February 26, 2014 (Heritage) – Editor’s note: Amid the heated debate over Arizona’s SB 1062 law, which aims to protect religious liberty, it’s worth looking back at some of the ways that religious beliefs have come under attack in the public square in recent years. The language in this post that is quoted originally appeared in a National Review Online article by Ryan T. Anderson and Leslie Ford. Kelsey Harris also contributed to this article.
1. Elane Photography
Elane Huguenin and her husband, Jon, run Elane Photography, a small business in Albuquerque, N.M.
Back in 2006, the couple declined a request to photograph a same-sex ceremony because of a difference in beliefs. Elane explained:
“The message a same-sex commitment ceremony communicates is not one I believe.”
Elane Photography never refused to take pictures of gay and lesbian individuals, but it did decline to photograph a same-sex ceremony. Meanwhile, other photographers in the Albuquerque area were more than happy to photograph the event — and Elane has no problem giving them that business.
But in 2008, the New Mexico Human Rights Commission ruled that the Huguenins had discriminated based on sexual orientation. The commission ordered them to pay $6,637.94 in attorneys’ fees.
At the end of 2013, the New Mexico Supreme Court upheld the Human Rights Commission. It concluded that under the state’s sexual-orientation and gender-identity law, “the First Amendment does not protect a photographer’s freedom to decline to take pictures of a same-sex commitment ceremony even when doing so would violate the photographer’s deeply held religious beliefs.”
Elane Photography has petitioned the U.S. Supreme Court for review of its case.
2. Sweet Cakes by Melissa
When Rachel Cryer and Laurel Bowman asked the Oregon bakery Sweet Cakes by Melissa to bake a wedding cake for their same-sex commitment ceremony in 2013, Sweet Cakes declined the request.
The bakery owners consistently served all customers on a regular basis, but making a cake for Cryer and Bowman would have required them to facilitate and celebrate a same-sex relationship — which would violate their religious belief that marriage is the union of one man and one woman.
It’s a value derived from their very-open Christian beliefs. Check out this picture the bakery shared on their Facebook wall.
P.S. — Oregon law defines marriage as being between one man and one woman, too.
But the lesbian couple filed a complaint under the Oregon Equality Act of 2007, which prohibits discrimination based on sexual orientation. In January, the agency issued a ruling that held that the Sweet Cakes by Melissa violated Oregon’s sexual-orientation law when by refusing to bake the cake.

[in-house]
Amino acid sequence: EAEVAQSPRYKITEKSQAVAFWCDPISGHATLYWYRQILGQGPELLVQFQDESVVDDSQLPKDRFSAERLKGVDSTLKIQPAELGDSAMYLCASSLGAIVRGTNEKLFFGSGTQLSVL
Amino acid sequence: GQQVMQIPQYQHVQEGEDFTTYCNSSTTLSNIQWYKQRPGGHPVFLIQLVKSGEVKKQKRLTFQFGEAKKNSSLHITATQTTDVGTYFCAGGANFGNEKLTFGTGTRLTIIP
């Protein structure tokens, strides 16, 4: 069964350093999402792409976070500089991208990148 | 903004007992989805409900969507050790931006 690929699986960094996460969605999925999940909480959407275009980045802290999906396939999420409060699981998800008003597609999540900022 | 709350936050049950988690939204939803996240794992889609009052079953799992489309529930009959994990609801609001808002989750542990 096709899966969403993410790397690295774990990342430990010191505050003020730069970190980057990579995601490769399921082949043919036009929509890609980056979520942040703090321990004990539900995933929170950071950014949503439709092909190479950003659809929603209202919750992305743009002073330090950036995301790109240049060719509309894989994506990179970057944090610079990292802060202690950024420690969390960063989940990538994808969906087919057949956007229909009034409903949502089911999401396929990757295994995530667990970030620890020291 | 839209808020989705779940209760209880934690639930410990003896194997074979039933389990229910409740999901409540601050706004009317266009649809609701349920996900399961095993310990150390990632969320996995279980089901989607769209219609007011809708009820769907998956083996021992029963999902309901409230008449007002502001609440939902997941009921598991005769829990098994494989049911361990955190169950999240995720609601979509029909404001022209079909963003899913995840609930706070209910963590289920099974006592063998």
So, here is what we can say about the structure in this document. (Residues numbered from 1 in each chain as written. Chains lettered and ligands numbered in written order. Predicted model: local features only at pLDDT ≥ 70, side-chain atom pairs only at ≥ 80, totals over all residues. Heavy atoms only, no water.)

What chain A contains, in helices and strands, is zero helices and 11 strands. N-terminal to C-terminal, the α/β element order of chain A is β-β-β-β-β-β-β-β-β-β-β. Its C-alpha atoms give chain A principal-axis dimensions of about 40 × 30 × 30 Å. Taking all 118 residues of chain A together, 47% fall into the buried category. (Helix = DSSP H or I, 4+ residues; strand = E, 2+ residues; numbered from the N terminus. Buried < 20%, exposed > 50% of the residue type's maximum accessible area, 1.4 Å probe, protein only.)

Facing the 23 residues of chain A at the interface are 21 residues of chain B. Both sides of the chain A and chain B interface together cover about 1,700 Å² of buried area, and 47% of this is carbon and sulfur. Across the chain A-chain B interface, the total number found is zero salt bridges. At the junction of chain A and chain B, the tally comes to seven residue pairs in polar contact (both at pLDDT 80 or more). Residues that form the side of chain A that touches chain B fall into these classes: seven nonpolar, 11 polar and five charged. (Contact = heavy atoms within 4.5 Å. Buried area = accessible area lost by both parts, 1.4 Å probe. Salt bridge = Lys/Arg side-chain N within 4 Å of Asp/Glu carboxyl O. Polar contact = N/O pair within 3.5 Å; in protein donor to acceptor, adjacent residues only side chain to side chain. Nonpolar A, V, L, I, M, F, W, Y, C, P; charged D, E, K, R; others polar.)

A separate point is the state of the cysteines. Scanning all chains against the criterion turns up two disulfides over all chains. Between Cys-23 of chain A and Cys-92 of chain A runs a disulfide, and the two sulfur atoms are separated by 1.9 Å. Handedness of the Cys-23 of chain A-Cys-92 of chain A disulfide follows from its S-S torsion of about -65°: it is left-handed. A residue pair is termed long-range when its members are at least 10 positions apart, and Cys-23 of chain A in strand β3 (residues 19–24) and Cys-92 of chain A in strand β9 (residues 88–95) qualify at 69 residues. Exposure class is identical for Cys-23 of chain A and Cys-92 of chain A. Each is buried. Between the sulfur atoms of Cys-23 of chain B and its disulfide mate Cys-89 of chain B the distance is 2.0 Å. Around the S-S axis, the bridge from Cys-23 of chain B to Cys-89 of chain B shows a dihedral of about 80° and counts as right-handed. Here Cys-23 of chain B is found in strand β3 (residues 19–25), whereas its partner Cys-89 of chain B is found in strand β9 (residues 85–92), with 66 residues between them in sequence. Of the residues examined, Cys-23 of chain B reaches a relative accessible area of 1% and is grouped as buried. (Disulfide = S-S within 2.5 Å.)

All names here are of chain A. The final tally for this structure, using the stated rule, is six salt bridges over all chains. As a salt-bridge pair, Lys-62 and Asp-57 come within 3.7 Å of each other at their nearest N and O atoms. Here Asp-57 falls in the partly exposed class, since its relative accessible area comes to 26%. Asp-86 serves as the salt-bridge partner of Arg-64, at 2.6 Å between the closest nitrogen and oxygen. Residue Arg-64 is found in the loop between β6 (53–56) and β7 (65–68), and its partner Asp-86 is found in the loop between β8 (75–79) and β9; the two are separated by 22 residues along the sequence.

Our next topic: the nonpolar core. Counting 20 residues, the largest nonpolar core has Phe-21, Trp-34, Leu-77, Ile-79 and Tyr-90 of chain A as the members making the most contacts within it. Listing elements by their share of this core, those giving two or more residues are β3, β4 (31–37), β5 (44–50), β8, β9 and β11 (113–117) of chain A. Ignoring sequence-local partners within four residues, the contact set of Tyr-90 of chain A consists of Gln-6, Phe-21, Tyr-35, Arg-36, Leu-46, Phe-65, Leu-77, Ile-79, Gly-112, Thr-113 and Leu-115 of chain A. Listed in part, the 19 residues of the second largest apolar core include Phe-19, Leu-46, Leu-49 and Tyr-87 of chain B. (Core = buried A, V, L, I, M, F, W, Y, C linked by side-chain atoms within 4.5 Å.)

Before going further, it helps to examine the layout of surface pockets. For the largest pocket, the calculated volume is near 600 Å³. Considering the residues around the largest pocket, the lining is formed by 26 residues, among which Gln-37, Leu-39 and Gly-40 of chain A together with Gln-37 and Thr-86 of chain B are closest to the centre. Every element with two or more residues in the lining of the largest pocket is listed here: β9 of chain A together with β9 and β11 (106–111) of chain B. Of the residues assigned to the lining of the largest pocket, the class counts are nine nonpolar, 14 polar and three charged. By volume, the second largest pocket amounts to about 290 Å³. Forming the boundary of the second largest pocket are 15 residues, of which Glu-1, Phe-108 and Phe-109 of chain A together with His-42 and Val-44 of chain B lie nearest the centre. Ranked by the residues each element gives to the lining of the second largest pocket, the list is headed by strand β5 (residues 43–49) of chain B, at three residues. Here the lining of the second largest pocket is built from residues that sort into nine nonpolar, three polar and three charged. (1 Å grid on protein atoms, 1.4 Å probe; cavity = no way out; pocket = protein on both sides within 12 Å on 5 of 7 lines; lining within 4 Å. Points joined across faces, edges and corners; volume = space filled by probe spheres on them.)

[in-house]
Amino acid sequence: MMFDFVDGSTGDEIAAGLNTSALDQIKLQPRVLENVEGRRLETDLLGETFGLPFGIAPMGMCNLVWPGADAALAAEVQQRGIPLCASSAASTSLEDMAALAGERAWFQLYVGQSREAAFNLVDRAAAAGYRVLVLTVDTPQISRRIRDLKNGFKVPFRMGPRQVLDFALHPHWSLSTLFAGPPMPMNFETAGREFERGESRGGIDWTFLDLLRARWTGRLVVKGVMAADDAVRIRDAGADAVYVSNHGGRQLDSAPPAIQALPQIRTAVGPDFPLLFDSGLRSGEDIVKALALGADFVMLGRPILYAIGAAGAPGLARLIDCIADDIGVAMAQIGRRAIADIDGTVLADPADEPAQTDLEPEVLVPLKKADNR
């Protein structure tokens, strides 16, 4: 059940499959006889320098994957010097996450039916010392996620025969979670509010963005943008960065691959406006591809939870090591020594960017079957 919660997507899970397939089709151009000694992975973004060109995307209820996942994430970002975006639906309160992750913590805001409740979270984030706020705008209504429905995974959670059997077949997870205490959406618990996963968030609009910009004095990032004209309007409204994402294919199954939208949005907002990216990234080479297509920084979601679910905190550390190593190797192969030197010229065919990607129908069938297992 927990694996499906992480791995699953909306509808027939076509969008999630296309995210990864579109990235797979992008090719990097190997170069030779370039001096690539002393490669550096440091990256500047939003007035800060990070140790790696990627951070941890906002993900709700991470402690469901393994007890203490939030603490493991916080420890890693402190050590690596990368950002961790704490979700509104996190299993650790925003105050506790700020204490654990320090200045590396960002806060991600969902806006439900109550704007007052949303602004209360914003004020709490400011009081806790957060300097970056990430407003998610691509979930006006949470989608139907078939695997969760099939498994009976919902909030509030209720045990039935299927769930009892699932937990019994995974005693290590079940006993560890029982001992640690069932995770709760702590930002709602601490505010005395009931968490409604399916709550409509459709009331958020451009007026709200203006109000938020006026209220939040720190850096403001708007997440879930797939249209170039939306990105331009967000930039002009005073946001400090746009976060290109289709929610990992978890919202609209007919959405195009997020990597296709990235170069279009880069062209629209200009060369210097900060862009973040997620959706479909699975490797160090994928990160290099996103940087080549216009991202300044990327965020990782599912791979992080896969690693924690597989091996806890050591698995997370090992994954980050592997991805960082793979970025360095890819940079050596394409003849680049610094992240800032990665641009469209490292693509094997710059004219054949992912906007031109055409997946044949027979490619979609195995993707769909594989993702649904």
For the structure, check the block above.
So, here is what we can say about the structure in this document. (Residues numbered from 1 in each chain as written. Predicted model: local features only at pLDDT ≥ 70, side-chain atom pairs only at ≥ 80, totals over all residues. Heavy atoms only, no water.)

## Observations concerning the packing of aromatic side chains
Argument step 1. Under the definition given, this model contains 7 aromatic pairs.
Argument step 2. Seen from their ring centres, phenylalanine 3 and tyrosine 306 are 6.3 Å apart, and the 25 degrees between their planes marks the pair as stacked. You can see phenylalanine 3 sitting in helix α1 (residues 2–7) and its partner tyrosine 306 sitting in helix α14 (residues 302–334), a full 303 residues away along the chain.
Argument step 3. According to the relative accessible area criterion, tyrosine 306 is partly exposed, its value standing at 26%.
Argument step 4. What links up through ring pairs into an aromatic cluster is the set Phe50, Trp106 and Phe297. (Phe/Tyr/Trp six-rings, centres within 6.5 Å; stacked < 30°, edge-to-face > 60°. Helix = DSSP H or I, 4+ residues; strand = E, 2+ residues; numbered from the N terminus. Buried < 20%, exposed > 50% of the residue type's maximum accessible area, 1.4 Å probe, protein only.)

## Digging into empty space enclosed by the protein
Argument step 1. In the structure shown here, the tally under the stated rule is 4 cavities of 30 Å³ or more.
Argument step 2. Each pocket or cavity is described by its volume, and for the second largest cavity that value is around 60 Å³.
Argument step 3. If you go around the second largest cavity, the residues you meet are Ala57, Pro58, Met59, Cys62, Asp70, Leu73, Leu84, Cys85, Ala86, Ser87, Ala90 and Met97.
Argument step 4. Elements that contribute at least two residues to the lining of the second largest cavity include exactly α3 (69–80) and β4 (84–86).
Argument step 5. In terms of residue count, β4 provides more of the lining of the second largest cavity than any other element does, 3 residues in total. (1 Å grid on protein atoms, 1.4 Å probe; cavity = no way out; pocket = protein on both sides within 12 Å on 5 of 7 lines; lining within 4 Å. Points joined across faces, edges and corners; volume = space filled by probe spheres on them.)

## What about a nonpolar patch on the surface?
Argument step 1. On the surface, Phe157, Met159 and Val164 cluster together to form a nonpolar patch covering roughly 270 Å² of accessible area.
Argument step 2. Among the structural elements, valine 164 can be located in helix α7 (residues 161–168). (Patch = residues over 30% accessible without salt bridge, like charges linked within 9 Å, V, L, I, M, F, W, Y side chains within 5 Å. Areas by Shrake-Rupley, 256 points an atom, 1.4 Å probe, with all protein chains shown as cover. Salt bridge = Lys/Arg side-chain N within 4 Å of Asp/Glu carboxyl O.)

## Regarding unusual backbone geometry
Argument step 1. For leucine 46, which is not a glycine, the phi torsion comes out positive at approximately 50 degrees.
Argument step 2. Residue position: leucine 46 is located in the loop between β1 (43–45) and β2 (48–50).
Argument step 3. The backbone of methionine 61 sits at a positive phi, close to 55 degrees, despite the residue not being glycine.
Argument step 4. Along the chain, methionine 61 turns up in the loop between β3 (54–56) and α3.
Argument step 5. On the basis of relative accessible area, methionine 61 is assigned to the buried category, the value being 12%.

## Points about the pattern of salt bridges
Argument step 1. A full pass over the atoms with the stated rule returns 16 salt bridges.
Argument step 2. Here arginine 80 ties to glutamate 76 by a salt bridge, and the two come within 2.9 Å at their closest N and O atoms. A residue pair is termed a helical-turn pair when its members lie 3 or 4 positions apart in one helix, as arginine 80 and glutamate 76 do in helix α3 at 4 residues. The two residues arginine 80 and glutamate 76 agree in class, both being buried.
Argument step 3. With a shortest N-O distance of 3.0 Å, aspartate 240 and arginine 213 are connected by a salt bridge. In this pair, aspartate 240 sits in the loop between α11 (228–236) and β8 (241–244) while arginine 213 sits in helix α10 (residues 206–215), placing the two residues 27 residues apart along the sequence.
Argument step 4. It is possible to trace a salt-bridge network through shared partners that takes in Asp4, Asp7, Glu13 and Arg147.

As the story gained local media attention, the owners, Melissa and Aaron Klein, immediately faced threats, vicious protests, and boycotts.
Fearing for their safety, the Kleins closed Sweet Cakes by Melissa in September 2013.
3. Masterpiece Cakeshop
Meet Jack Phillips, who owns Masterpiece Cakeshop in Colorado.
He declined to bake a cake for a same-sex wedding reception for these guys:
In 2012, the couple received a marriage license in Massachusetts and asked Phillips to bake a cake for a reception back home in Denver. But because of his faith, Phillips declined to create a wedding cake:
“I don’t feel like I should participate in their wedding, and when I do a cake, I feel like I am participating in the ceremony or the event or the celebration that the cake is for.”
But the American Civil Liberties Union disagrees. They “filed a complaint against Masterpiece Cakeshop with the state, alleging violations of Colorado’s public-accommodation law. Administrative Law Judge Robert N. Spencer ruled against the bakery on December 6, 2013, concluding that Phillips violated the law by refusing service to the two men ‘because of their sexual orientation.’”
Phillips’ response: objection.
He said he’d happily sell the couple his baked goods for any number of occasions, but baking a wedding cake would force him to express something that he does not believe, violating his freedom to run his business in step with his faith.
“It’s just the wedding cake, not the people. Not the lifestyle. … We’d close down the bakery before we compromise our beliefs.”
4. Arlene’s Flowers
Barronelle Stutzman owns Arlene’s Flowers and Gifts in Washington State.
Her longtime customers Roger Ingersoll and Curt Freed requested she arrange the flowers for their same-sex wedding ceremony.
Stutzman responded that she “could not accept the job because of her ‘relationship with Jesus Christ’ and her belief that marriage is between one man and one woman.”
But the couple filed a complaint and Washington Attorney General Bob Ferguson filed suit “against Stutzman, contending that she had violated the state’s sexual-orientation law.”
Now Stutzman faces $2,000 fine, a court order, and outrage from local residents. Here’s a Facebook page with 626 supporters.
As these cases show, religious liberty and discrimination are almost certainly matters that both courts and citizens will tackle and struggle with in the upcoming years.
Reprinted with permission from Heritage